Senate Approves Amendments to Debt Moratorium Law; excludes Prepa
SAN JUAN – The Senate passed Monday amendments to the Puerto Rico Emergency Debt Moratorium and Financial Rehabilitation Act that would exclude the Puerto Rico Electric Power Authority (Prepa) from a government moratorium.
The upper chamber also passed changes to the island’s Homestead Act, known as the Ley de Hogar Seguro, to broaden protections to a person’s property.
Senate Bill 1673, which amends Act 21, the moratorium law, also rephrases the chapter creating the Puerto Rico Fiscal Agency and Financial Advisory Authority ,which would act as fiscal agent for the commonwealth. Gov. Alejandro García Padilla recently designated Secretary of State Jorge Suárez to head the fiscal authority.
Senate Minority Leader Larry Seilhamer, who said Act 21 destroyed what little credibility the government had, said, “Today the PDP [Popular Democratic Party] majority is approving another technical amendment to correct the inclusion of the Prepa restructuring amendments. Including them was another blow to the government’s credibility.”
Besides excluding Prepa, the bill removes the Puerto Rico Aqueducts and Sewer Authority, the Municipal Financing Authority and the Children’s Trust from the moratorium law.
While the House passed amendments to Act 21 to exclude general obligation (GO) debt from the moratorium, the Senate majority disagreed with the idea of excluding GOs from the moratorium.
On the other hand, the Senate also passed the proposed amendments to the Homestead Act, which protects a person’s residence–which comprises the land, home and outbuildings–from forced sale for the collection of debt. In Puerto Rico, a person seeking to protect a residence from a forced sale must have a notary public draft a document to the effect and have it registered in the island’s property registry. Local law does not protect from home foreclosures by a bank or from embargoes sought by the government to collect taxes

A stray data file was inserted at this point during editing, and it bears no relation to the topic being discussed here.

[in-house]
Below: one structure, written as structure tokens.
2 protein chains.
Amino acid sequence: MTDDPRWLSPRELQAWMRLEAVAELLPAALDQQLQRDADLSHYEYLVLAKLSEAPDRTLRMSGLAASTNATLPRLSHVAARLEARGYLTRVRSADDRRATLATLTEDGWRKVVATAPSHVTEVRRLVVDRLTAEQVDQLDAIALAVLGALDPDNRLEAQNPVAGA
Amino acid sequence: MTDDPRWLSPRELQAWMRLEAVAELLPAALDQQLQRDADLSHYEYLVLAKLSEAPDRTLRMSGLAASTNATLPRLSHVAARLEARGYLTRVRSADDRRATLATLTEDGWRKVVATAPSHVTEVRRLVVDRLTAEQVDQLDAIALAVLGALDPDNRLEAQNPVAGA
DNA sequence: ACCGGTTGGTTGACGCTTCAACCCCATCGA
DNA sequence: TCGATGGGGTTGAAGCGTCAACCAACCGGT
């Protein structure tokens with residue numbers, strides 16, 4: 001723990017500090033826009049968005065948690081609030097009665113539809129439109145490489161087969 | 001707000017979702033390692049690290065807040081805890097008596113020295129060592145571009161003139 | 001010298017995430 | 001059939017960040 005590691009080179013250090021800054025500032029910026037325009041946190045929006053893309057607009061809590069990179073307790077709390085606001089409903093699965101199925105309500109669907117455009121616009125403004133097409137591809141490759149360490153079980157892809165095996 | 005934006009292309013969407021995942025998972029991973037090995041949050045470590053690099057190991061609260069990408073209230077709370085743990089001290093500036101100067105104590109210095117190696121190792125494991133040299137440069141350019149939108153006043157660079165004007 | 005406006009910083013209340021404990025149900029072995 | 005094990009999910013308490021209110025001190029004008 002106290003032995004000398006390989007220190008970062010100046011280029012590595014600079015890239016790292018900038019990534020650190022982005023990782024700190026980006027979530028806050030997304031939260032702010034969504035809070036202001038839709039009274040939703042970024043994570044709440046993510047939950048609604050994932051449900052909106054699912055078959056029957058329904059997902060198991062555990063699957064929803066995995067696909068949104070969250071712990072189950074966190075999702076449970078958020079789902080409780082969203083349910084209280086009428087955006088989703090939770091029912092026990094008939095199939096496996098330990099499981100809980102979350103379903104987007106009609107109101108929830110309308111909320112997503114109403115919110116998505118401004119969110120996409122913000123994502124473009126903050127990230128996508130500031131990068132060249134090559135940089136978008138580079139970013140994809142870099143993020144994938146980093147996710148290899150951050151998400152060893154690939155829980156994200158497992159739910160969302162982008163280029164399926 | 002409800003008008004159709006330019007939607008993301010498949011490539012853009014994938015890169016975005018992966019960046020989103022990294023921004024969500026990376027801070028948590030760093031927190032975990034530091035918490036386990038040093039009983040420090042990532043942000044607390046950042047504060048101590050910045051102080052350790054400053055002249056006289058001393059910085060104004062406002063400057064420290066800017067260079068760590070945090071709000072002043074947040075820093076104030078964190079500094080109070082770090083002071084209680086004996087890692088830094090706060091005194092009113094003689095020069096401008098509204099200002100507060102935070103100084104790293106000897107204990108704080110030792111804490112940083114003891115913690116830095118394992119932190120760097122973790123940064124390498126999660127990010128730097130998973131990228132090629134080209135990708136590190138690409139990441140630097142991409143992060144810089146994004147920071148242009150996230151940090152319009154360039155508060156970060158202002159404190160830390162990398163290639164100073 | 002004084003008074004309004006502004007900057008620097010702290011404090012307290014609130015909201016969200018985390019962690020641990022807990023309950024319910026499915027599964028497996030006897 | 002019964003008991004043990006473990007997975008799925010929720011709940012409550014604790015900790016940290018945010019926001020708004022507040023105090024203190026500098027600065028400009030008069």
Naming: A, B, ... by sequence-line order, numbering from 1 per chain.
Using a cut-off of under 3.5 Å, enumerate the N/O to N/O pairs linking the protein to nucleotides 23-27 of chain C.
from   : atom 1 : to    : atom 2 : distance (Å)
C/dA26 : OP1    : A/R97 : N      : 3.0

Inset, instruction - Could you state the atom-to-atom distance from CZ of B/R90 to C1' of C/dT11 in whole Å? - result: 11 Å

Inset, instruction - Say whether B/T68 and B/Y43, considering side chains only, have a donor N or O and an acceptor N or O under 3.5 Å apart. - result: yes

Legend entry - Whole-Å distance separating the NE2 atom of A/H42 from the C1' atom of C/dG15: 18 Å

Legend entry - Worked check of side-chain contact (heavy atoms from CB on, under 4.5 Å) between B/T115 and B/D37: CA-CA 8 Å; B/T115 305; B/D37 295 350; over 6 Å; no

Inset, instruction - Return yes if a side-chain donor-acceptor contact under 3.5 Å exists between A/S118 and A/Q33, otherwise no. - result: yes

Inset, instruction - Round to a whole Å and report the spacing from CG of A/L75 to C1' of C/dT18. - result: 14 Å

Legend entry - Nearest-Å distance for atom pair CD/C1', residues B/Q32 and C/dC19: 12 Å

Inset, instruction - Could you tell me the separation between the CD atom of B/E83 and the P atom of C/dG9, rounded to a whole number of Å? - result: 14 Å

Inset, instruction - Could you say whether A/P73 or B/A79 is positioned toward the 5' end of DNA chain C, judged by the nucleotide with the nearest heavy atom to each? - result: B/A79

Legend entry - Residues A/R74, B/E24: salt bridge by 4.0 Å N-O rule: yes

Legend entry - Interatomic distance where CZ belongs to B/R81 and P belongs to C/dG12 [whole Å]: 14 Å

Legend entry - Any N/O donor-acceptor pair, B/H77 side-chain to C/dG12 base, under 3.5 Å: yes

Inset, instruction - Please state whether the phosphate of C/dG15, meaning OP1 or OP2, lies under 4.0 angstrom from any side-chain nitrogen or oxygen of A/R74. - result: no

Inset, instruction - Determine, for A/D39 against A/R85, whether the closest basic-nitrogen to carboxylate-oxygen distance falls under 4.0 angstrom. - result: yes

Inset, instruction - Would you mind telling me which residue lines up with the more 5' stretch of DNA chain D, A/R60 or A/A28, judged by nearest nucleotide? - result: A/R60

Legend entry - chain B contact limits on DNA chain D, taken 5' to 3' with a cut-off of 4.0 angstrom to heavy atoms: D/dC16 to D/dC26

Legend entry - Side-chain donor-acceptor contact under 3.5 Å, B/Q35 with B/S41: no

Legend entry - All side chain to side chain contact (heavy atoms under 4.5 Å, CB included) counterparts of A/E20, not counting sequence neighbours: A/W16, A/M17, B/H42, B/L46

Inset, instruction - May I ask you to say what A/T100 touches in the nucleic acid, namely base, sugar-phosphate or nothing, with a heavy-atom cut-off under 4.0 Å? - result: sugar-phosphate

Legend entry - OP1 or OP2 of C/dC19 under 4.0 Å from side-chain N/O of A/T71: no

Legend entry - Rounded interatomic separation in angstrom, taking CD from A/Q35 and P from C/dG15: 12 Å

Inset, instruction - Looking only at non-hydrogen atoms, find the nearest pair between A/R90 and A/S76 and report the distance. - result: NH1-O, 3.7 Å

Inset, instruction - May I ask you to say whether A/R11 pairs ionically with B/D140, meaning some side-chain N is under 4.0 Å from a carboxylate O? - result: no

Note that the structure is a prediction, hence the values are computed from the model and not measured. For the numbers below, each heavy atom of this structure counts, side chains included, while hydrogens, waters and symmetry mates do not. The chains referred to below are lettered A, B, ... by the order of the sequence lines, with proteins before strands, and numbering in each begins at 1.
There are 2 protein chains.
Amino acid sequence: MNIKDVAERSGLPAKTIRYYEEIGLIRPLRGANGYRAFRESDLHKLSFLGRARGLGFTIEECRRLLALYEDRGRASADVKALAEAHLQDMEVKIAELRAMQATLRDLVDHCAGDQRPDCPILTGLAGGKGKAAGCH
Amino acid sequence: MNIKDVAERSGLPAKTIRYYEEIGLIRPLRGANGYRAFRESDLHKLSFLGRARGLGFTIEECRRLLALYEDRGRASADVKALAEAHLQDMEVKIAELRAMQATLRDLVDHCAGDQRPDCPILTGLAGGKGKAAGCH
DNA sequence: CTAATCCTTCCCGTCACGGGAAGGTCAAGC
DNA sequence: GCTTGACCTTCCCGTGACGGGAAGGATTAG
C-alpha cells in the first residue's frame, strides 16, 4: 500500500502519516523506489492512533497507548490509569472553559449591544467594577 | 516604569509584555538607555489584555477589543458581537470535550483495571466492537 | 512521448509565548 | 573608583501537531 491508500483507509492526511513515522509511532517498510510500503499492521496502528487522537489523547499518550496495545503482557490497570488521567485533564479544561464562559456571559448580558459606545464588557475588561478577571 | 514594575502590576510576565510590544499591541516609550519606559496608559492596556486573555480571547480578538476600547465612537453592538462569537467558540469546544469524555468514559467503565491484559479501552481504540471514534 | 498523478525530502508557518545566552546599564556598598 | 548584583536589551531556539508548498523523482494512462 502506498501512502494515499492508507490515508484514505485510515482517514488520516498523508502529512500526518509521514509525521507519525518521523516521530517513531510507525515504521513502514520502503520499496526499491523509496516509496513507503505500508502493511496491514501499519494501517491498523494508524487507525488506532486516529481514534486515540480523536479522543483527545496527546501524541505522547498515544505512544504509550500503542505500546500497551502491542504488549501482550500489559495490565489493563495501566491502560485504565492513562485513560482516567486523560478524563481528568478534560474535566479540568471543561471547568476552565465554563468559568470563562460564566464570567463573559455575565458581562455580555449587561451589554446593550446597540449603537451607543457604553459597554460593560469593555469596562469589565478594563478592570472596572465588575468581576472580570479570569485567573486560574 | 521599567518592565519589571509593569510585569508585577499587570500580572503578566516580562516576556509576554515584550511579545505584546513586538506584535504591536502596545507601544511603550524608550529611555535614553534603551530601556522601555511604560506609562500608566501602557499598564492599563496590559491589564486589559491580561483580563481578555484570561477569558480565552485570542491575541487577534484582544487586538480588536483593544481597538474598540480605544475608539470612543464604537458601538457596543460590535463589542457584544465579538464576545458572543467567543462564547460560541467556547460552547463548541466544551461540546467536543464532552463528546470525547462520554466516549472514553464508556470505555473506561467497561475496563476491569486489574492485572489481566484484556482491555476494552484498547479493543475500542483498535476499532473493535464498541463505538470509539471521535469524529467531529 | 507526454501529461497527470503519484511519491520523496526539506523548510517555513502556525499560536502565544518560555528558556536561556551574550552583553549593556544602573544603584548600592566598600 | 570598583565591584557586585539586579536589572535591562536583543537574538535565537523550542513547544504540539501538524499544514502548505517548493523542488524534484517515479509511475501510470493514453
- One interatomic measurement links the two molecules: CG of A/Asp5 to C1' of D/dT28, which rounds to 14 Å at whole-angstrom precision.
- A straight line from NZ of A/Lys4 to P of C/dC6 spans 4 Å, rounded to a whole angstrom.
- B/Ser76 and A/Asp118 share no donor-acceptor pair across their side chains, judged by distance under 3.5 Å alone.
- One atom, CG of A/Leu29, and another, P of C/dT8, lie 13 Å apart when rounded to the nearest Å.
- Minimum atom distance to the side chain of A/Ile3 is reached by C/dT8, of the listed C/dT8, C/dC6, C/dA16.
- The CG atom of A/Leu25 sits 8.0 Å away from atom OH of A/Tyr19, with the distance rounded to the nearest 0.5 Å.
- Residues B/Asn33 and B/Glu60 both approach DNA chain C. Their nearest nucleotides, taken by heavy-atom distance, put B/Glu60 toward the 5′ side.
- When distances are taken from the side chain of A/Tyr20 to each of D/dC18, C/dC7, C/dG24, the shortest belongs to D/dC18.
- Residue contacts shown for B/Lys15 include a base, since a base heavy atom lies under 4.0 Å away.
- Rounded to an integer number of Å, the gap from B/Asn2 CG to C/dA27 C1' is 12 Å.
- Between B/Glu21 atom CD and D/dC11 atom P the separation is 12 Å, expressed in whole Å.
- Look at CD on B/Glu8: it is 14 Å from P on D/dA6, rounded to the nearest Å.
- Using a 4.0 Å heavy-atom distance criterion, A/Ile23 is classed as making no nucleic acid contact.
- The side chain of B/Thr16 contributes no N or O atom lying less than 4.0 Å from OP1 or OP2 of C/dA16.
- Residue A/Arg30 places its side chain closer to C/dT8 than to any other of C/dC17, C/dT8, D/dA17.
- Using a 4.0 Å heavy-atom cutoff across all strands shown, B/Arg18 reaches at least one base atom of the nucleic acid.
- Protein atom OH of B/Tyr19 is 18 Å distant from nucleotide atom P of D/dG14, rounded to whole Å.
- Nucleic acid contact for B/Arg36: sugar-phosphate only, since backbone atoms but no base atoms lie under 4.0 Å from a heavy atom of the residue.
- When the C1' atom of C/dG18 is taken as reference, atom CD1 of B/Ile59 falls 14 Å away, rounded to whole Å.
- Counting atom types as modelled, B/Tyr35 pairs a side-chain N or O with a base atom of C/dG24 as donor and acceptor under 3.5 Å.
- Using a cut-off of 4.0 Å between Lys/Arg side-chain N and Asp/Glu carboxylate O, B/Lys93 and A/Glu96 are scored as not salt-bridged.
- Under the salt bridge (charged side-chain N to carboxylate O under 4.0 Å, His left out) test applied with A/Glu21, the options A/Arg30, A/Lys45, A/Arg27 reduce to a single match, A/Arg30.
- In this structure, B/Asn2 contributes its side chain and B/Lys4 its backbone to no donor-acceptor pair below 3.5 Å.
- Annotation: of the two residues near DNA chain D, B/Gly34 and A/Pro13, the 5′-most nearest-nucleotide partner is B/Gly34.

Senate Bill 1175, penned by Sen. Miguel Pereira, broadens the definition of property to be exempt from embargoes or forced sales. His legislation would give homeowners a year to use the money obtained from the sale of a house protected by the Homestead Act to buy a new house that would also be protected by the act. The law’s name would be changed to “The Right to Protect the Main Home, Family Home and Personal Property Act.” However, if the debtor buys a property of lesser value, the difference would not be protected.
Besides the residence, the proposed law will extend protection to a motor vehicle up to $7,500 or up to $15,000 in the case of a married couple; the value of home appliances and furniture up to $10,000 for individuals and up to $20,000 for a married couple; and the value of jewelry up to $1,500 for an individual and $3,000 for a couple.
Also exempt will be property used for business or for a profession, up to $10,000 in the case of an individual and $20,000 in the case of a couple, excluding a vehicle’s debt. Also exempt is property needed for medical reasons. The legislation will also protect some of the income yielded by a debtor and the right to unemployment or pension as well as money from a victim’s compensation fund and money obtained from liability insurance up to $25,000.